The meeting where Shmuel is harshly rebuked for going behind Nicodemus' back
The more private conversation between Shmuel and Nicodemus
The confrontation between Shmuel and Jesus at the end of the episode
After you've constructed a good description of life as a Pharisee, turn to the other circle and ask:
What was life like in the School of Jesus?
Again, you could revisit some of the same questions you asked about the Pharisees (e.g. what was it like to be a student?), or you could walk through a few key scenes like:
When Jesus talks to Simon about taking care of his Eema
The way Jesus handles the situation with the Leper
The different ways Simon and Mary respond to the crowd gathering to listen to Jesus
The way Jesus responds when the man who was lowered down to him
As you start to accumulate examples and data, bring the two circles into conversation with one another. Make observations and ask questions. For example:
Jesus shows gentleness and concern for Simon. Do you think Shmuel has received that same tenderness from his teachers? What do you think the impact of that has been?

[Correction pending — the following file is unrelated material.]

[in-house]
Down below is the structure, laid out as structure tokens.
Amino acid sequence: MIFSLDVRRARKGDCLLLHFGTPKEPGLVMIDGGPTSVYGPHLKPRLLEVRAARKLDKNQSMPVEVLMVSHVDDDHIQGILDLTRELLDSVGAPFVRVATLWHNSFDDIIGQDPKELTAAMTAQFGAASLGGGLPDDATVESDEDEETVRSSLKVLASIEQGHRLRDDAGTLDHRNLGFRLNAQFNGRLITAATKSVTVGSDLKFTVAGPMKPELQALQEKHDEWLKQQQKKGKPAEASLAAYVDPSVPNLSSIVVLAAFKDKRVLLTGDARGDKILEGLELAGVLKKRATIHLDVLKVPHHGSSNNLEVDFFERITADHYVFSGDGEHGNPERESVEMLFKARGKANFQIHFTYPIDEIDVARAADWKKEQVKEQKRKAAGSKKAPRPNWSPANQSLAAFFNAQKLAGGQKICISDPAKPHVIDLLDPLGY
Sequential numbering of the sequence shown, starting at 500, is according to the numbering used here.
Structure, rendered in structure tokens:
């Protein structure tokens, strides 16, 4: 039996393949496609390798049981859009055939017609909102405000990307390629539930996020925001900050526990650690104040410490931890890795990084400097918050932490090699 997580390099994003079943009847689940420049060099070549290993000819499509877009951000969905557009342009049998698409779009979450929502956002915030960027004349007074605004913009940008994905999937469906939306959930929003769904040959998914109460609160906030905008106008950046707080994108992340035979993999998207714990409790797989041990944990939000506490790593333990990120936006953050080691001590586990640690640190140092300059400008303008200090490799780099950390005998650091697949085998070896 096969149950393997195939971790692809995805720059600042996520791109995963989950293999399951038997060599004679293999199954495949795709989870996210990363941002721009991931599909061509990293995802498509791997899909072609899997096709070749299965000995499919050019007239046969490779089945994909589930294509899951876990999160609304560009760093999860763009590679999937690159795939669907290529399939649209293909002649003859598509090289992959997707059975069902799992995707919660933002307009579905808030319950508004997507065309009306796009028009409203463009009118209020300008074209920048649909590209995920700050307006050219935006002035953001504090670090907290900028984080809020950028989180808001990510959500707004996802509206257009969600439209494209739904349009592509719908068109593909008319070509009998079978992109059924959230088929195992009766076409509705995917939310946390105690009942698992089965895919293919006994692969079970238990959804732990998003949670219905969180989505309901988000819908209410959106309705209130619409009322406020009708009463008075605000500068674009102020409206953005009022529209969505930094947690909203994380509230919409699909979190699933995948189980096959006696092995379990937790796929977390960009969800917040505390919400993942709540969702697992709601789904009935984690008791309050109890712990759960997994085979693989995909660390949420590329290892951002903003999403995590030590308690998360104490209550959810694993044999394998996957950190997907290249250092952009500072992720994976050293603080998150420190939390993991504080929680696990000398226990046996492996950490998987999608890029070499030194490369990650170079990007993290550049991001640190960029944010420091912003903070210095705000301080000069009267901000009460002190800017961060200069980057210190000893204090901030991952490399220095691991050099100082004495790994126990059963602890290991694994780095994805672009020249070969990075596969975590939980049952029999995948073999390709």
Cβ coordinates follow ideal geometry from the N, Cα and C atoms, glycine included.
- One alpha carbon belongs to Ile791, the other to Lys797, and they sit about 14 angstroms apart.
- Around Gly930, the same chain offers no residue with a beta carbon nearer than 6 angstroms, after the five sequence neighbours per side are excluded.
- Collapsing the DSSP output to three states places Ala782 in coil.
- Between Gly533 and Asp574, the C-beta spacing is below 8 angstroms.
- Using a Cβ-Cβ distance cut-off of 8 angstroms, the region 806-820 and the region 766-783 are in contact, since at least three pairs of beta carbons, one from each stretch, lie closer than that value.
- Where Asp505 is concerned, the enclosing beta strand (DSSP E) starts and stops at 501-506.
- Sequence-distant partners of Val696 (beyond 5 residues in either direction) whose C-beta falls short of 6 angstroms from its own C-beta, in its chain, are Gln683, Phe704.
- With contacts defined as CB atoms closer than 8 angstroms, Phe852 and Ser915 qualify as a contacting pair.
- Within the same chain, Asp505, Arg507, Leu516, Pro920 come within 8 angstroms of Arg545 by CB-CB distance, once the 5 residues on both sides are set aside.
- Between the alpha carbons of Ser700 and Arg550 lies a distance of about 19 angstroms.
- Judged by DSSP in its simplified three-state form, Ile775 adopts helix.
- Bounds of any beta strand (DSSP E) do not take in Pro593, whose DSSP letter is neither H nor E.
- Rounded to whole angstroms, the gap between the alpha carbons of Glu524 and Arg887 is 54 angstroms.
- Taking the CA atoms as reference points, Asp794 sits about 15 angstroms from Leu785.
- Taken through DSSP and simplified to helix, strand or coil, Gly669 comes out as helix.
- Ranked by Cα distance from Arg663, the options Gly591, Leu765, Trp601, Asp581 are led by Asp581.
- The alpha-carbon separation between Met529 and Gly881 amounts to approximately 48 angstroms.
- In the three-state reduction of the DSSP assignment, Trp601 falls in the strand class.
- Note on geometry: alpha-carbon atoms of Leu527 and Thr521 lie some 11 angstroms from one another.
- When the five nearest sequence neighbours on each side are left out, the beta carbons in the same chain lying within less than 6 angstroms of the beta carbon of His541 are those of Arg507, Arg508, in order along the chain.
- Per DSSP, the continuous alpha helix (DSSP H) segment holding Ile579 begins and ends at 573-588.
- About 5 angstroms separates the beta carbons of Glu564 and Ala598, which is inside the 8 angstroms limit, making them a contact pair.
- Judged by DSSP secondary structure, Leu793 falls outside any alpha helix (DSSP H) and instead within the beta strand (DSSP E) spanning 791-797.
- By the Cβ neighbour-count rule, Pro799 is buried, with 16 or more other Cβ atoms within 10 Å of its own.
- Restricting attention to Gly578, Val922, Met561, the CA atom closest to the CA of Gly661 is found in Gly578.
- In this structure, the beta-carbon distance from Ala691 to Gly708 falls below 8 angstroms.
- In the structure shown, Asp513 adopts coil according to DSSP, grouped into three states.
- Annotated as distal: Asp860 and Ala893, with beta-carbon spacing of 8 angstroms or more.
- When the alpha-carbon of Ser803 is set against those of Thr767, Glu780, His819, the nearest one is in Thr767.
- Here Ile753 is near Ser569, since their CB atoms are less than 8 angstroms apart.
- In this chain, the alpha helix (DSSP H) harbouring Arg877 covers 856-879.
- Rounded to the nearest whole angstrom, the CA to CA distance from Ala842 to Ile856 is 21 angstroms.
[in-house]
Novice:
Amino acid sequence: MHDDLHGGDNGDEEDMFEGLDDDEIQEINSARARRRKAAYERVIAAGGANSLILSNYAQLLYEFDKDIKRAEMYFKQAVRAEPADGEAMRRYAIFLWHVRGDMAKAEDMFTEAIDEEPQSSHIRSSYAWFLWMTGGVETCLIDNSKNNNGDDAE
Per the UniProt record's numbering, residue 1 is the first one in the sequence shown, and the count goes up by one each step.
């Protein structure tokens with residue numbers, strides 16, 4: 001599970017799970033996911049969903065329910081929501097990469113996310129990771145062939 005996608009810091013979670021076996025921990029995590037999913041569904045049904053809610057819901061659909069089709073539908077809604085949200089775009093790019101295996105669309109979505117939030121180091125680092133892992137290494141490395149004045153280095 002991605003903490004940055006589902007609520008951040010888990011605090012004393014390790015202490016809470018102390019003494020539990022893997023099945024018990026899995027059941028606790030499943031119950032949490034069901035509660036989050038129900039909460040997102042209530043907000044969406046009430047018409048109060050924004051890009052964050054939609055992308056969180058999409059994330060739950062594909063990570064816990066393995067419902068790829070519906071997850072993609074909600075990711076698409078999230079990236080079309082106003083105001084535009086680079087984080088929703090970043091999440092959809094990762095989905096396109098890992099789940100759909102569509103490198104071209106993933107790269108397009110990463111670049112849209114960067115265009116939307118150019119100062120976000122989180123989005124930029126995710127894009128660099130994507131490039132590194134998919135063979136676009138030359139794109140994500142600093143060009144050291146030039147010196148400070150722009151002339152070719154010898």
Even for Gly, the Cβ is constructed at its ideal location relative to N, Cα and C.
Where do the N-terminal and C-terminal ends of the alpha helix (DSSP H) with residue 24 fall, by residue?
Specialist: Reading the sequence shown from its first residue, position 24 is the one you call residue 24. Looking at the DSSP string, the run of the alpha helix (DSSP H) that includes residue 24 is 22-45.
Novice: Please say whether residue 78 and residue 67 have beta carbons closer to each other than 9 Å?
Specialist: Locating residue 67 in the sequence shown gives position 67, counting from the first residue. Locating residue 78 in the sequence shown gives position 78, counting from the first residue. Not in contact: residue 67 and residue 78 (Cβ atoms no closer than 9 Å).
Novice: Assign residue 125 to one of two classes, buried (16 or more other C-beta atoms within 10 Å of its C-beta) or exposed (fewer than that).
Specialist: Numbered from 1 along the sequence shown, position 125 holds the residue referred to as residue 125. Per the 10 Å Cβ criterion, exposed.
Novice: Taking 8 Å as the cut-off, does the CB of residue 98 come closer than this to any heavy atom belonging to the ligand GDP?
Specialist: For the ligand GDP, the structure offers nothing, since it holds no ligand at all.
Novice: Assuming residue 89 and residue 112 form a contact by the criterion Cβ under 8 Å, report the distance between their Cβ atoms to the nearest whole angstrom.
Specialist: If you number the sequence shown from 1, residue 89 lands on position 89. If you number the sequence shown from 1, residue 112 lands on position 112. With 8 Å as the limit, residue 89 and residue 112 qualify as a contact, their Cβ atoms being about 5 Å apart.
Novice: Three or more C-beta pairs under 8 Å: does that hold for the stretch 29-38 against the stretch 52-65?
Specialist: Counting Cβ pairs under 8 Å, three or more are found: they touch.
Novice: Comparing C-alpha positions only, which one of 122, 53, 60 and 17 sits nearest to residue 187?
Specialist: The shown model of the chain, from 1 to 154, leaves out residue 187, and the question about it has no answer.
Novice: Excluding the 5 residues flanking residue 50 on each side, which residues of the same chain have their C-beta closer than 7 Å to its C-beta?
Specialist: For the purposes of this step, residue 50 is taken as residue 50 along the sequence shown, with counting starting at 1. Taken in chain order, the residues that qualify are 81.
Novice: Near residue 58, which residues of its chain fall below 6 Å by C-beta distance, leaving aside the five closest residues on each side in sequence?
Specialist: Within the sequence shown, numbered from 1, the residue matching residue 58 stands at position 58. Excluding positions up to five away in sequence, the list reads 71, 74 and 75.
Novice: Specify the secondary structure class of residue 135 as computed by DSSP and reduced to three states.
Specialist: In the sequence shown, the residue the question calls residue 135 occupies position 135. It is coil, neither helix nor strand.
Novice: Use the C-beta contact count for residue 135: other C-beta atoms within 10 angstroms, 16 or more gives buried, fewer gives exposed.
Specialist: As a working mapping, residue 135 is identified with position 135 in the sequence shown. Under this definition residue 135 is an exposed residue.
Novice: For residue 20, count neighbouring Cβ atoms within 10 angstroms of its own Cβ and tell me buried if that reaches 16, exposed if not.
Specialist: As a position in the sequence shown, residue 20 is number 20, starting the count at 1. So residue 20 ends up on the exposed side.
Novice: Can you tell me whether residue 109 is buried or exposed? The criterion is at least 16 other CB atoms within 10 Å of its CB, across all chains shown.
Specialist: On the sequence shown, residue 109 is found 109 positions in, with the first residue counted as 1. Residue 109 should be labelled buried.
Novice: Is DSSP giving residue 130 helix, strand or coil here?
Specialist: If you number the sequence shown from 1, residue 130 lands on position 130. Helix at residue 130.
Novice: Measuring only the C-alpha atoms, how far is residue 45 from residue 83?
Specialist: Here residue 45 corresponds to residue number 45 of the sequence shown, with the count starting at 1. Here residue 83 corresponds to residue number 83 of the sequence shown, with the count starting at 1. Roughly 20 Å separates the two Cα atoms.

Jesus seems to take unexpected occurrences like the leper or the man being lowered down as a teaching opportunity. Do you think Shmuel or Nicodemus would respond the same way? Why?
Also don't forget to look for common ground - where the two circles overlap. For example:
Jesus isn't afraid to talk about very weighty matters like hell. He's probably closer to the Pharisees in his comfort with the idea of hell than he is to us.
Jesus and the Pharisees both place a high value on teaching others about what God requires of us vs. many Christians today who are hesitant to emphasize what obedience looks like.
To conclude, bring things closer to home by asking your youth:
Are there any ways that our church or youth group could end up resembling the School of the Pharisees?
What would it look like for us to instead live as students in the School of Jesus?
There you go! Hopefully these questions will prove helpful as you watch episode 6 of The Chosen with your youth group. I've condensed the lesson into an easily printable pdf below. If you try it out, please let me know how it goes and if you have any feedback!
An adaptation like The Chosen isn't meant to replace the Bible; it's meant to drive us deeper into the Bible and spiritual reflection. The 40 Days with Jesus series helps readers connect the events of The Chosen with Scripture and their own everyday lives.